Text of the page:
If you live in Minnesota, you're probably not eating enough fruits and vegetables.
Though that's the same story for most of the United States.
A new survey from the Centers for Disease Control and Prevention (CDC) says more than eight of every 10 adults isn't meeting fruit intake recommendations, while more than 9 out of every 10 aren't hitting the mark for vegetable consumption.
The CDC says eating more fruits and vegetables provides important nutrients, reduces the risk for heart disease, stroke, and some cancers, and helps manage a person's weight when eaten instead of more "energy-dense" foods.
How much fruit and veg are we talking here?
Adults who engage in less than a half hour of moderate physical activity every day should eat 1 1/2 to 2 cups of fruit and 2-3 cups of vegetables daily, the CDC says.
But from 2007-2010, 76 percent of U.S. adults didn't meet the fruit recommendations, while 87 percent didn't hit the veggie threshold.
The researchers then took that information, added some predictive equations to it, and came up with the following estimate: 13.1 percent of respondents to the new survey met fruit recommendations, while 8.9 percent met vegetable recommendations.
Still, within that, there are wide swings between some states and their rate of fruit-and-veggie consumption.
On the high end there's California, which leads the fruit and veggie categories with 17.7 percent and 13 percent clearing the intake bar, respectively.
Tennessee came in last for fruit intake at 7.5 percent; Mississippi was at the bottom for vegetable consumption at 5.5 percent.
The American Heart Association has tips on how to sneak fruits and vegetables into your meals to increase consumption.
How about Minnesota?
Minnesota isn't at the bottom – but we're not hitting those averages either.
In the North Star State, 12.5 percent of us are meeting fruit intake guidelines, while 7.9 percent are clearing the mark for veggie intake.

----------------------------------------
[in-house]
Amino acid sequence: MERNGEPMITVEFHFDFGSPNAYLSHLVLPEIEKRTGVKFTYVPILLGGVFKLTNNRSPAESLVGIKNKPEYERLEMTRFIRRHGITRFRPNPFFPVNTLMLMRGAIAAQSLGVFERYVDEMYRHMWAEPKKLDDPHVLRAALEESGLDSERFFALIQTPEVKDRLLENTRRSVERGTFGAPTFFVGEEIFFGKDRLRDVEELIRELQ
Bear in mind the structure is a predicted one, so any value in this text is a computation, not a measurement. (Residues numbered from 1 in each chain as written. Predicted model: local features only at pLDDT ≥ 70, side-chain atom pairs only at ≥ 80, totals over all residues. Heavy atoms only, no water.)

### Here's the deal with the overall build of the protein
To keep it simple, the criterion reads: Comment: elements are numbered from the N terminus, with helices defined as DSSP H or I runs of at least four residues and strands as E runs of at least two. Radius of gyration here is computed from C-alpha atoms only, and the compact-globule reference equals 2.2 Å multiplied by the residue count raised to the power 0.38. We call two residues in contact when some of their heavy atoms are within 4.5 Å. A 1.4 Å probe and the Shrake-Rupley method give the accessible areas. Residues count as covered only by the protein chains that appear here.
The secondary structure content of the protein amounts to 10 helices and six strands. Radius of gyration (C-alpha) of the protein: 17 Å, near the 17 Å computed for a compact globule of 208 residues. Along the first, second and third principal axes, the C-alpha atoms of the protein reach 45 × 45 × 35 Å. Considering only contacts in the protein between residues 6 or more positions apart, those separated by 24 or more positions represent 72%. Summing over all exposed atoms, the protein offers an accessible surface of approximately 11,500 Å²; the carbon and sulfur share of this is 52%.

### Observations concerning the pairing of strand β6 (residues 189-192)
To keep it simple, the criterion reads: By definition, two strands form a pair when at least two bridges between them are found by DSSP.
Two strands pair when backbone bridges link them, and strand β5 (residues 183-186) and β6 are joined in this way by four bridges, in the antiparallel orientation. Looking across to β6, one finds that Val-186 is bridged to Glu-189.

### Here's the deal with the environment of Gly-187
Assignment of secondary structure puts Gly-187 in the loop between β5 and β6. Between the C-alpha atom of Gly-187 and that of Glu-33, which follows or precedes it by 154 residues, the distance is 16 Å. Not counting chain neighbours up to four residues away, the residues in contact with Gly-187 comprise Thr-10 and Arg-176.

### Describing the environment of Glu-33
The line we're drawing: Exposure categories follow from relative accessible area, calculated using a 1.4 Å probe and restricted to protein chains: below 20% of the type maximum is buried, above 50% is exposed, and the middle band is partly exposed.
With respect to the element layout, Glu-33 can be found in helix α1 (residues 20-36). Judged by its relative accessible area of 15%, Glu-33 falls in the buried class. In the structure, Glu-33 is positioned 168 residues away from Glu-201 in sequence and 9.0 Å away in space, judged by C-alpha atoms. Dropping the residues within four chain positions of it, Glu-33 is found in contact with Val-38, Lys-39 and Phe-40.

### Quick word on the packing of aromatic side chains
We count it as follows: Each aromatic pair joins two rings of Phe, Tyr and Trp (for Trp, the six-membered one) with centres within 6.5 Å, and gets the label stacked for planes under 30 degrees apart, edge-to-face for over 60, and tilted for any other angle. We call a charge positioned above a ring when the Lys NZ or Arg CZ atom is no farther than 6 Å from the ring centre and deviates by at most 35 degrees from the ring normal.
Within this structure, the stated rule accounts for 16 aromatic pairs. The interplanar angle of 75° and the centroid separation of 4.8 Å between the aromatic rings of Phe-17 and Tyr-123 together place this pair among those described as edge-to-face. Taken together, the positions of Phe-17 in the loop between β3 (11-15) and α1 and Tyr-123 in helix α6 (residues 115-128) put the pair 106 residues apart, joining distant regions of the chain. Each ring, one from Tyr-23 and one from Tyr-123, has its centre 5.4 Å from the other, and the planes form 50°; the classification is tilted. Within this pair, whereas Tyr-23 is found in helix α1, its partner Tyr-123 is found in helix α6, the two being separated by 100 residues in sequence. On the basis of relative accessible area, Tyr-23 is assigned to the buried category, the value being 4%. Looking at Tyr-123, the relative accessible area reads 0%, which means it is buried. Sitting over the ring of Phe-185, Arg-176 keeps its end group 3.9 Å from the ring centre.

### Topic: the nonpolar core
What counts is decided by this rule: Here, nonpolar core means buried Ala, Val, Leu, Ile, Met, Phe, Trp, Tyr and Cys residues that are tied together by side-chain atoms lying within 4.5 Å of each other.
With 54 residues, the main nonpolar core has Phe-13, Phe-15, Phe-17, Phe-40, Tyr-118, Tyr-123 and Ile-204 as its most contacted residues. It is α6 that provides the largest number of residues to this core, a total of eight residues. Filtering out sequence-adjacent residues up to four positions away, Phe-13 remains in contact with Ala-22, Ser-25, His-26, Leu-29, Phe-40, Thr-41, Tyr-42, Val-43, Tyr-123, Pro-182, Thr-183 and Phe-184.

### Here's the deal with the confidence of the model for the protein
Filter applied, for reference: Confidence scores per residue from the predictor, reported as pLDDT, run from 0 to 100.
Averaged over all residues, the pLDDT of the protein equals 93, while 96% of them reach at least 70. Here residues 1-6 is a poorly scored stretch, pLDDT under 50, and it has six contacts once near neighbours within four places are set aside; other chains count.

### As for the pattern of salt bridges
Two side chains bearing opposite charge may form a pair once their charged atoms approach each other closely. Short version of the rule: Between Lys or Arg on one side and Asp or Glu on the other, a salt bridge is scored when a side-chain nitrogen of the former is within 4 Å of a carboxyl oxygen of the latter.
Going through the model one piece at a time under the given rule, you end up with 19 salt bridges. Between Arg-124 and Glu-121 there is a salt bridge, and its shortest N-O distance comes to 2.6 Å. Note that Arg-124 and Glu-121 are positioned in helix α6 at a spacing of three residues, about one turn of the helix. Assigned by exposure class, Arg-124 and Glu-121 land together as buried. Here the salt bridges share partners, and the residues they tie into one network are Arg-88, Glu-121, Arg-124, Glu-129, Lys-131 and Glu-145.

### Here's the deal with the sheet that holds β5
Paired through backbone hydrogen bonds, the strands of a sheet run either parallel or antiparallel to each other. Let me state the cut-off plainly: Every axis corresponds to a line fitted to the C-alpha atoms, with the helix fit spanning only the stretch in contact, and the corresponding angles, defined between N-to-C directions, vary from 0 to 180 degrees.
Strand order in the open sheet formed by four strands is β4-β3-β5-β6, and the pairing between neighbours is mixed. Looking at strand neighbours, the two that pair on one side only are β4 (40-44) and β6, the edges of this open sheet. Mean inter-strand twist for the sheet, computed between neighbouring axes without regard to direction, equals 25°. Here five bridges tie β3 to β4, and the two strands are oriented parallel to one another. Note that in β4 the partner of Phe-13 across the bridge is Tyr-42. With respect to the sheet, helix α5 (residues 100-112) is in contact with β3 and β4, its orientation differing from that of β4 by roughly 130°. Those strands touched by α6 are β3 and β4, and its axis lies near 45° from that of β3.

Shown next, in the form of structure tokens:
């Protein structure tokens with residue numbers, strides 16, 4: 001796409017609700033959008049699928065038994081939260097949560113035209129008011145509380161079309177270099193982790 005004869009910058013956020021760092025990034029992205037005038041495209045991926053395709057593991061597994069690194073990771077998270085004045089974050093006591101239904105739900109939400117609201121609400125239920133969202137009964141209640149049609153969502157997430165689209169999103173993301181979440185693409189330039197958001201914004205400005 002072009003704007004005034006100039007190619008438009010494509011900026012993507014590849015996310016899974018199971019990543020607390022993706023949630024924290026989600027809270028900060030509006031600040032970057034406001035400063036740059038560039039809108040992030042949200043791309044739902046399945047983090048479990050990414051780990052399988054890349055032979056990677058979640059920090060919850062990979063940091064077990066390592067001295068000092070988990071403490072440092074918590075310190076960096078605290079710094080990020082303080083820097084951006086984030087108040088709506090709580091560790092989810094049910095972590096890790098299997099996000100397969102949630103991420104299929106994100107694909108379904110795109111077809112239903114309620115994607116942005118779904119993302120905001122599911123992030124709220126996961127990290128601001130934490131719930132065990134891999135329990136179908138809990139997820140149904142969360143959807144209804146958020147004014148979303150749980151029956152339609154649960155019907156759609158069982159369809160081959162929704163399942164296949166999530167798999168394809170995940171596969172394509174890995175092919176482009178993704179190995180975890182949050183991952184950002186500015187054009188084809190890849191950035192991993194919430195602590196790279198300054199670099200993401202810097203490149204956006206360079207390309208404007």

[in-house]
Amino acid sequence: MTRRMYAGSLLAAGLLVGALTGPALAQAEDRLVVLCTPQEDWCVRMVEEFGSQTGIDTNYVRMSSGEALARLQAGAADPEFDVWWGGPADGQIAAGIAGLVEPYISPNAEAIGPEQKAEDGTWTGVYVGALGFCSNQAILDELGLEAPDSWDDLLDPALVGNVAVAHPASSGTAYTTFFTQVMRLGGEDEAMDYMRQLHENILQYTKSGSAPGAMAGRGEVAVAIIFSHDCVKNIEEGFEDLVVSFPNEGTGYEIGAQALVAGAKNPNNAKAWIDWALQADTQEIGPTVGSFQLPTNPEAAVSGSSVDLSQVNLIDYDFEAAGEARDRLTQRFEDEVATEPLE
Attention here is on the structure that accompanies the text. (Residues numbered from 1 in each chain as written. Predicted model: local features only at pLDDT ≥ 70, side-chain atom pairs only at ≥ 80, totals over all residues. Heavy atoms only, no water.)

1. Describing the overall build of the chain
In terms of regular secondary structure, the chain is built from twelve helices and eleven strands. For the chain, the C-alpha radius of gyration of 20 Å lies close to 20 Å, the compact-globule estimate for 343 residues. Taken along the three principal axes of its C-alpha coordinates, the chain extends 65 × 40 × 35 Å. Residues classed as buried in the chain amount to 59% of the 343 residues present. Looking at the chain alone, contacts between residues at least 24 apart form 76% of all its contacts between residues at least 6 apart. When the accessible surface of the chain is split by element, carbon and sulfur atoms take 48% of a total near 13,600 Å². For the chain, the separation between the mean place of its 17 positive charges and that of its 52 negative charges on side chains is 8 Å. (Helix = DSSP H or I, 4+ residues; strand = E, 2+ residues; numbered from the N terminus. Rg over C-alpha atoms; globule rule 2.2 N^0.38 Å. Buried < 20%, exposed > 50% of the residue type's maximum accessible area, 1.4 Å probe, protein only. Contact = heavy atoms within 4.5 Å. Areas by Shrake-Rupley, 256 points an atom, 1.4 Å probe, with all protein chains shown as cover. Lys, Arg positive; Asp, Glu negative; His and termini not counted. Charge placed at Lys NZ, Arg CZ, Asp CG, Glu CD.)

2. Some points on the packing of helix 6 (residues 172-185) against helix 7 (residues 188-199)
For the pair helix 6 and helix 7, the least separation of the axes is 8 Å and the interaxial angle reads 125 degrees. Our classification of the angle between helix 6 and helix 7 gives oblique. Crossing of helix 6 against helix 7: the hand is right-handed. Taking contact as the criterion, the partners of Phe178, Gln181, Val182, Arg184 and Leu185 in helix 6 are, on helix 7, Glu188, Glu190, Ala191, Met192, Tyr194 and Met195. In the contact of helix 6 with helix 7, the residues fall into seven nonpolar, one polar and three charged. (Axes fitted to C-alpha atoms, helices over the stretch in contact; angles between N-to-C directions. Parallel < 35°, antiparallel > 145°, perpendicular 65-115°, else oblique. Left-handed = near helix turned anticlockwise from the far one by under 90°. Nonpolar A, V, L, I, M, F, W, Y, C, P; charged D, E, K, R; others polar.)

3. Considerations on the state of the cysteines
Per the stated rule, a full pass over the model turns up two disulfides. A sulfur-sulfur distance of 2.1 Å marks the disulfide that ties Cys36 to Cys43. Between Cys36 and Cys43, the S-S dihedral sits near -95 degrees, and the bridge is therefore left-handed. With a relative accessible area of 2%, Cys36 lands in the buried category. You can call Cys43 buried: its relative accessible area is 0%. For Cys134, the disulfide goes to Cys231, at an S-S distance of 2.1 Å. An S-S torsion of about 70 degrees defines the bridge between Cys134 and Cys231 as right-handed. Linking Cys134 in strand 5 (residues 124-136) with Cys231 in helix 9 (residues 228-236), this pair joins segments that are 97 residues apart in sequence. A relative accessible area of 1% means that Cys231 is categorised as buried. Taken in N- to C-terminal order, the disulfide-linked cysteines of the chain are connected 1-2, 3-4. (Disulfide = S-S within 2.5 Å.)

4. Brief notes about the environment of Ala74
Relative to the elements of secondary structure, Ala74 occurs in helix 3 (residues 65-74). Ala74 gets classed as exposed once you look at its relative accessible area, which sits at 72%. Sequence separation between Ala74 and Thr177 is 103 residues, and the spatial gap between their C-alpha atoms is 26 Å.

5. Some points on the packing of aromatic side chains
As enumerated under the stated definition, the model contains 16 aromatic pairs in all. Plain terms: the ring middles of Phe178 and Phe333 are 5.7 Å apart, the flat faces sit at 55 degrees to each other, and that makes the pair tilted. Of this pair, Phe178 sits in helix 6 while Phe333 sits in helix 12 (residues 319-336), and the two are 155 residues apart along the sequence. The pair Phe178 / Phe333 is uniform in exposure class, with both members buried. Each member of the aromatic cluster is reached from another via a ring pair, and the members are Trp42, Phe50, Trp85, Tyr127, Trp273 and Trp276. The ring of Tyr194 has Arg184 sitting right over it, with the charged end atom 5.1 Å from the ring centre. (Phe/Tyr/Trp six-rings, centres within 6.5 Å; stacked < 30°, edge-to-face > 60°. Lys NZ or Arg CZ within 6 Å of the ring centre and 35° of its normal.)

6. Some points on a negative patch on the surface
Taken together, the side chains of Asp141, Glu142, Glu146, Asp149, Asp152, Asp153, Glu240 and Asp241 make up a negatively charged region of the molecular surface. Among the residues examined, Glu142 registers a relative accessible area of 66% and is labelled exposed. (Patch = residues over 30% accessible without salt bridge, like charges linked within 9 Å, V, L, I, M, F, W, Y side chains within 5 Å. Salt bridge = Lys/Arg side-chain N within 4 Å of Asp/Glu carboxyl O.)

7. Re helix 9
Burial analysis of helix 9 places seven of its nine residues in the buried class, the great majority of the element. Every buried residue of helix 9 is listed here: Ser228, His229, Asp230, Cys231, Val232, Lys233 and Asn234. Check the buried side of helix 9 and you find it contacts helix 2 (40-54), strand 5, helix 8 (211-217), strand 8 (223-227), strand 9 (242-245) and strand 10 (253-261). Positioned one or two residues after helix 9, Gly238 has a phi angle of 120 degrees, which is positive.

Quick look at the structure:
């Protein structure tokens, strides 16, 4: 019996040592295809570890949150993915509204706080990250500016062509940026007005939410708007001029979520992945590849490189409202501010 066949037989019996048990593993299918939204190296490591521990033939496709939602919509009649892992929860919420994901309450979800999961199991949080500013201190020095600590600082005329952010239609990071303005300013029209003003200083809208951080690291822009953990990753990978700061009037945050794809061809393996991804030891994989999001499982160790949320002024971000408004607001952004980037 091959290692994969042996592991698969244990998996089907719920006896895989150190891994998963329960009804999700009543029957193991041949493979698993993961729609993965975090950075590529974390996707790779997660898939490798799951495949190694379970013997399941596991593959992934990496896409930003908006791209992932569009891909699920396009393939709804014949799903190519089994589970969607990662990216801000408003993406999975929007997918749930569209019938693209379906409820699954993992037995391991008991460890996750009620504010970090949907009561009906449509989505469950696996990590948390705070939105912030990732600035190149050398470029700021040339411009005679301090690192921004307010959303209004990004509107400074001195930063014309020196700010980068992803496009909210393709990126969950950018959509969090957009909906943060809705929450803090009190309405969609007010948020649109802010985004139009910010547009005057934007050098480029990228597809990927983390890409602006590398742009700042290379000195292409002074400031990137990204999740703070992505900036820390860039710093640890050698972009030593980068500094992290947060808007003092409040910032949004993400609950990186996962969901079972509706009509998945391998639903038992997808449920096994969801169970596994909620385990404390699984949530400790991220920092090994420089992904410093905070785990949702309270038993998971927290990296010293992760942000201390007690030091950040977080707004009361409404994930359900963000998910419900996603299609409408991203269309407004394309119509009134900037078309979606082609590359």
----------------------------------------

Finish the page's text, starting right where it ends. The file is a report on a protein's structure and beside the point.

None of Minnesota's neighbors hit the average intake mark either.
- Iowa: 11.3 percent meeting fruit guidelines; 6.6 meet vegetable guidelines
- North Dakota: 11.4 fruit; 6.4 vegetable
- South Dakota: 10.3 fruit; 6.8 vegetable
- Wisconsin: 12.7 fruit; 7.5 vegetable
(As for how often we eat those foods: Minnesotans consume fruit an average of once per day, and vegetables 1.6 times per day. Nationally, the median frequency for fruit was once per day, while the median for veggies was 1.7 times per day.)
The Grand Forks Herald spoke with some locals who said fruit and vegetable availability can be difficult in the winter. And a Fargo nutritionist said our diets could play a role, as we "do tend to be meat and potatoes."
The study says "substantial new efforts are needed" to get people to want more fruits and vegetables. It says competitive pricing, placement, and promotion in child care, schools, grocery stores, communities and worksites are all factors.
More on the study
The numbers were gathered via a random-digit–dialed telephone survey of non-institutionalized, civilian adults who are 18 years or older and living in the United States.
Because of that, there are potential limits, the CDC says, including the issue with self-reported surveys. They aren't always reliable, as people can over- or under-estimate how much they ate.
The survey also doesn't include those in nursing homes, long-term care facilities, military installations and correctional institutions, which could skew the results (though it's not known in what way).
"Fruit" in this survey means 100 percent fruit juice and whole fruit. "Vegetables" include dried beans, dark green vegetables, orange vegetables and other vegetables.
The survey also asked that respondents not include non-100 percent juice or fried potatoes in their reporting – including both would increase the number of people potentially meeting the guidelines.